It is well known that exercise has multiple physiological benefits. However, research has begun to focus more specifically on activity done in the presence of nature, known as green exercise. Many of us have demanding daily routines that cause us to push aside hobbies and pastimes that we may like to indulge in. But it’s important to remind oneself, especially during the challenges of life with COVID-19, to take a minute to escape the heavier elements of our lives. Public parks like Riverwood can provide the opportunity for people to do so as they are often the only natural outdoor places in highly populated urban areas.
These outdoor spaces can help promote general health among members of the local community because they provide the room needed for individuals to partake in physical activities outdoors. Research has shown that individuals living close to a public park were more likely to engage in frequent physical activity and were less likely to be overweight. And while public green spaces provide a great location to partake in physical activities, simply viewing nature can also be beneficial and help maintain health.
Research has shown that exercise in green spaces was more beneficial in improving both mental and cardiovascular health compared to regular exercise in a non-natural environment. As a result, these green spaces can not only help to improve physiological well-being but can also help reduce stress levels, anxiety, and mental fatigue. Feeling connected with nature has also been shown to correlate with life satisfaction, happiness, and mindfulness, which in turn can help to further reduce the stresses we face in our daily lives.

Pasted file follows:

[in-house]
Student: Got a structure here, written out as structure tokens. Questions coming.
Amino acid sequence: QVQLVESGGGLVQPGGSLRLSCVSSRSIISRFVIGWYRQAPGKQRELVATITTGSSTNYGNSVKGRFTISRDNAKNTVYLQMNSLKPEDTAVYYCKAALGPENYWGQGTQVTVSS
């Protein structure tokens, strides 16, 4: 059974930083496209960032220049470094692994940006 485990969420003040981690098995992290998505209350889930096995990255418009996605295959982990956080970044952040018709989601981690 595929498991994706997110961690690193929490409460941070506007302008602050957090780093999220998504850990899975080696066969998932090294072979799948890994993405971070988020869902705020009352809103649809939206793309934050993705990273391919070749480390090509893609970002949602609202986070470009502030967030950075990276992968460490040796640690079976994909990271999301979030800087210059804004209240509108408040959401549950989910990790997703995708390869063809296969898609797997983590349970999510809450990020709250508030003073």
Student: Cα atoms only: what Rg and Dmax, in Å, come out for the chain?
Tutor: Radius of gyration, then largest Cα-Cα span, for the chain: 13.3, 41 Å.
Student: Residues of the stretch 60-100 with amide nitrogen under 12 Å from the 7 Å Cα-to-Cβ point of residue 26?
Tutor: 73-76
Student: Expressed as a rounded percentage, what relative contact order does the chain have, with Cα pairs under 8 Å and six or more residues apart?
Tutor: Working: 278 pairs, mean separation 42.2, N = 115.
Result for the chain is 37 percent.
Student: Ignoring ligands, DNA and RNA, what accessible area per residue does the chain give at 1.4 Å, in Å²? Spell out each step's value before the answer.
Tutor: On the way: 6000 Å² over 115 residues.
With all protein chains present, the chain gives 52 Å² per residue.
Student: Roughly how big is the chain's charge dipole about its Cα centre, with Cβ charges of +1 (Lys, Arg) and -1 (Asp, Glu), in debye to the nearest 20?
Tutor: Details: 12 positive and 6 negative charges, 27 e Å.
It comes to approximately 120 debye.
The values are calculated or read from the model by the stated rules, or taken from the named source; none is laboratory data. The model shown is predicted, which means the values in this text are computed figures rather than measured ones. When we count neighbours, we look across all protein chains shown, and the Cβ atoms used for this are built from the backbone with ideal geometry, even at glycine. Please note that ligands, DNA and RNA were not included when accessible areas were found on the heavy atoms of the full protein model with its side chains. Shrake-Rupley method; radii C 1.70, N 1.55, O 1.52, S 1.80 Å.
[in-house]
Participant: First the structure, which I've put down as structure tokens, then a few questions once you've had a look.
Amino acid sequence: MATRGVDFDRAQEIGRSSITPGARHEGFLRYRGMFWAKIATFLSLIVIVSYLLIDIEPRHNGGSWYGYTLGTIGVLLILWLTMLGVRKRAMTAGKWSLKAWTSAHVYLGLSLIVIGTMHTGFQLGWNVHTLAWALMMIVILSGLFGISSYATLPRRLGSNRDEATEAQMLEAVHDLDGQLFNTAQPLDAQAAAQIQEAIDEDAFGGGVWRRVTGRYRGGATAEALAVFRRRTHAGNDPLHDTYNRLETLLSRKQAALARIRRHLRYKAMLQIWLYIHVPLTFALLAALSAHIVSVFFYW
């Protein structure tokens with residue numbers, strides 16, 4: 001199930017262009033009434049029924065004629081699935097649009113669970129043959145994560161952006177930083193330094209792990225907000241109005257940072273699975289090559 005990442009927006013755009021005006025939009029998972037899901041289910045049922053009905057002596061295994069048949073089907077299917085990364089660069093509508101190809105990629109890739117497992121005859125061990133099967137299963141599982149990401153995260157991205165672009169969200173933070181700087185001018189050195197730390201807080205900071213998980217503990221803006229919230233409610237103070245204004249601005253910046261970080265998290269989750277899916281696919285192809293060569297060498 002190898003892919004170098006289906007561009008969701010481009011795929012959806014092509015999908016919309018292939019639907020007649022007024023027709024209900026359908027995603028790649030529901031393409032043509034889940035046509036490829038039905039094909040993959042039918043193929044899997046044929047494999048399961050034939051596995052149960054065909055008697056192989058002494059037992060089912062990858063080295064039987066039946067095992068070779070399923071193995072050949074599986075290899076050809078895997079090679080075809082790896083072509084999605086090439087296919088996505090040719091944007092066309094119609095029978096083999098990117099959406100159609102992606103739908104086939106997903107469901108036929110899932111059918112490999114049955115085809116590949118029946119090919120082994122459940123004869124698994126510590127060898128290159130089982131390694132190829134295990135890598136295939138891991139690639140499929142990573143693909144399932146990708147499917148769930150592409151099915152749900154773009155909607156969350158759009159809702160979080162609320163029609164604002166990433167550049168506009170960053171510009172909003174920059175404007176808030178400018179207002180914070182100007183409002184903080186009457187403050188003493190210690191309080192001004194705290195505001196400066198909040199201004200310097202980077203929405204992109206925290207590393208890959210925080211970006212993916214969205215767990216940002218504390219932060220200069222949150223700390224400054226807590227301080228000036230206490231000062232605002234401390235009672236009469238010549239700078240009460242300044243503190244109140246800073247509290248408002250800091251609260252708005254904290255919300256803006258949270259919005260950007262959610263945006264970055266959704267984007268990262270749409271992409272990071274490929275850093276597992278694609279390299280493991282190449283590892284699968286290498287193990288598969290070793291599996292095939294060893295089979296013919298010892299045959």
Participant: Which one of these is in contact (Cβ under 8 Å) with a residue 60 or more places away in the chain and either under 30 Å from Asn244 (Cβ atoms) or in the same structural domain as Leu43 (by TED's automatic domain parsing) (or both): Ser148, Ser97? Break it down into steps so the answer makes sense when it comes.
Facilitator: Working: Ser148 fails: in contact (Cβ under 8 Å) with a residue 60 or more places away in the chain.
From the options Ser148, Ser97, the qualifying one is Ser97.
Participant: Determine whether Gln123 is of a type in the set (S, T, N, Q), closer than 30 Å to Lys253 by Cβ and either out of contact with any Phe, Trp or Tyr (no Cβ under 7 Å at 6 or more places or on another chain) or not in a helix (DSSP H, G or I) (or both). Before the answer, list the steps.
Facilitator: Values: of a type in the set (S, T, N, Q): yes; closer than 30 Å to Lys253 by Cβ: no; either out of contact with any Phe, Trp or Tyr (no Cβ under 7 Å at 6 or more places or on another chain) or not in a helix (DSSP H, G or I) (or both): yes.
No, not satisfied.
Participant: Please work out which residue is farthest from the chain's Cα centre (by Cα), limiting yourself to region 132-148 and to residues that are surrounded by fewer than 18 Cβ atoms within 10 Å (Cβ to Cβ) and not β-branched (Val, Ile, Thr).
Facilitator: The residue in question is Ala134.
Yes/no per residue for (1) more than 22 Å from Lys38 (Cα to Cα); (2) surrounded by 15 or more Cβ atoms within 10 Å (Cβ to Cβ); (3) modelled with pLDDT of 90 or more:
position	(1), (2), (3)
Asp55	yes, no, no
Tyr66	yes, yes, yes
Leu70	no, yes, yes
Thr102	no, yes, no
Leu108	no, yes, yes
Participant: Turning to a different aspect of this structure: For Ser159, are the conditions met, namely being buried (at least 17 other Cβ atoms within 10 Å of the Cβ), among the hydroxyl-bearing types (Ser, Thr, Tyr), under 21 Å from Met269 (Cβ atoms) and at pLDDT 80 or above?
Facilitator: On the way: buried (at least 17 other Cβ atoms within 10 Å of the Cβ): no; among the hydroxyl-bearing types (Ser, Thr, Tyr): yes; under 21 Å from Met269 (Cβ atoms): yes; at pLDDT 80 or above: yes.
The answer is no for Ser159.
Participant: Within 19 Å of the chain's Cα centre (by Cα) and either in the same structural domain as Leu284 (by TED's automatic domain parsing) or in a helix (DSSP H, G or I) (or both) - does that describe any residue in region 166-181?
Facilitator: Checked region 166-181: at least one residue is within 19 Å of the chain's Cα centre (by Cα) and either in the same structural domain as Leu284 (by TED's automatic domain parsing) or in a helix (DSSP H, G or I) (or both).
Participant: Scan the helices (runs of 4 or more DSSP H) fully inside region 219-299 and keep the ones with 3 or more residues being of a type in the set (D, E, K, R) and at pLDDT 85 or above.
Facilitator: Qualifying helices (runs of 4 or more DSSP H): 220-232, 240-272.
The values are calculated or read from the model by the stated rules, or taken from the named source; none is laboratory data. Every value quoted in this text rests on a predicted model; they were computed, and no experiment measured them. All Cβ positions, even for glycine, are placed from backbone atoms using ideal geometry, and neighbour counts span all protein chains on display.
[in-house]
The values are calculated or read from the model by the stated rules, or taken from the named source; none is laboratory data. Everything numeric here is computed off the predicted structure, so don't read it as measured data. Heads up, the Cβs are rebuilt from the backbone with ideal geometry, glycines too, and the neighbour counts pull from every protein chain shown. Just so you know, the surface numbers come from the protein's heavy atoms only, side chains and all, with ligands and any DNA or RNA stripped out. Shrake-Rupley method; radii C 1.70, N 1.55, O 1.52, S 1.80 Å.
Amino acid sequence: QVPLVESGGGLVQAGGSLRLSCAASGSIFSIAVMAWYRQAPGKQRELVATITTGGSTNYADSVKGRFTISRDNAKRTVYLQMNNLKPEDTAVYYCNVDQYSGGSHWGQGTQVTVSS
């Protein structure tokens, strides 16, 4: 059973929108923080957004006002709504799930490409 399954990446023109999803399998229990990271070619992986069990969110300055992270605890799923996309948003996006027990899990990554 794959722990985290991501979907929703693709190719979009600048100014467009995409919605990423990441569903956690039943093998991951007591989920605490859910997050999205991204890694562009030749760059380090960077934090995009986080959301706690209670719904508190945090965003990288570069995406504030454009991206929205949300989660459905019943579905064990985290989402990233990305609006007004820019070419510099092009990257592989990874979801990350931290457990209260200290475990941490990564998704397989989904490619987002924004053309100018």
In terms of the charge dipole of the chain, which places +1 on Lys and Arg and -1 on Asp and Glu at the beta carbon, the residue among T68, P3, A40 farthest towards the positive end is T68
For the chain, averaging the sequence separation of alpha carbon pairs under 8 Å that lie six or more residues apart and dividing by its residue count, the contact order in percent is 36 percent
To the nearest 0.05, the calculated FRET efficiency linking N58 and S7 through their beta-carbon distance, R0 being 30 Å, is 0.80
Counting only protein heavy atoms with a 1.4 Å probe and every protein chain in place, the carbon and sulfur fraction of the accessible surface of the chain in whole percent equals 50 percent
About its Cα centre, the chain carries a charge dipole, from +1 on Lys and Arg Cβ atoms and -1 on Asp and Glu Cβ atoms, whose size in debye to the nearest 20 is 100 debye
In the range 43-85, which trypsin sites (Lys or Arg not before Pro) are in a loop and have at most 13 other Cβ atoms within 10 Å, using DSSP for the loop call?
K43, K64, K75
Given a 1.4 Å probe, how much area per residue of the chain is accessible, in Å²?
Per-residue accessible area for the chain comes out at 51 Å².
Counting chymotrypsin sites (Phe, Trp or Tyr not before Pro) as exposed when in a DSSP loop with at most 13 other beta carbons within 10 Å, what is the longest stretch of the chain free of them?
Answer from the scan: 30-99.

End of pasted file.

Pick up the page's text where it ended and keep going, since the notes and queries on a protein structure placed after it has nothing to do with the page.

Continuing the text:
Hiking is one leisure activity that can be done in Riverwood that intertwines both physical and mental health, and for those who enjoy the activity, they’ll be motivated to continue it over the long-term. A study conducted in Australia found that hikers burned more calories than runners, even though 40% did not intend their visit to a natural space to be focused on exercise. This further supports the idea that exercise and simply appreciating the beauty of nature have a synergistic effect, meaning when done together, the cumulative benefits outweigh the individual benefits of each activity.
It’s clear that physical and mental health can be linked to green spaces and that we must continue to promote and encourage activities that take place in nature, such as hiking, as it allows us to take a much needed break from the stresses around us.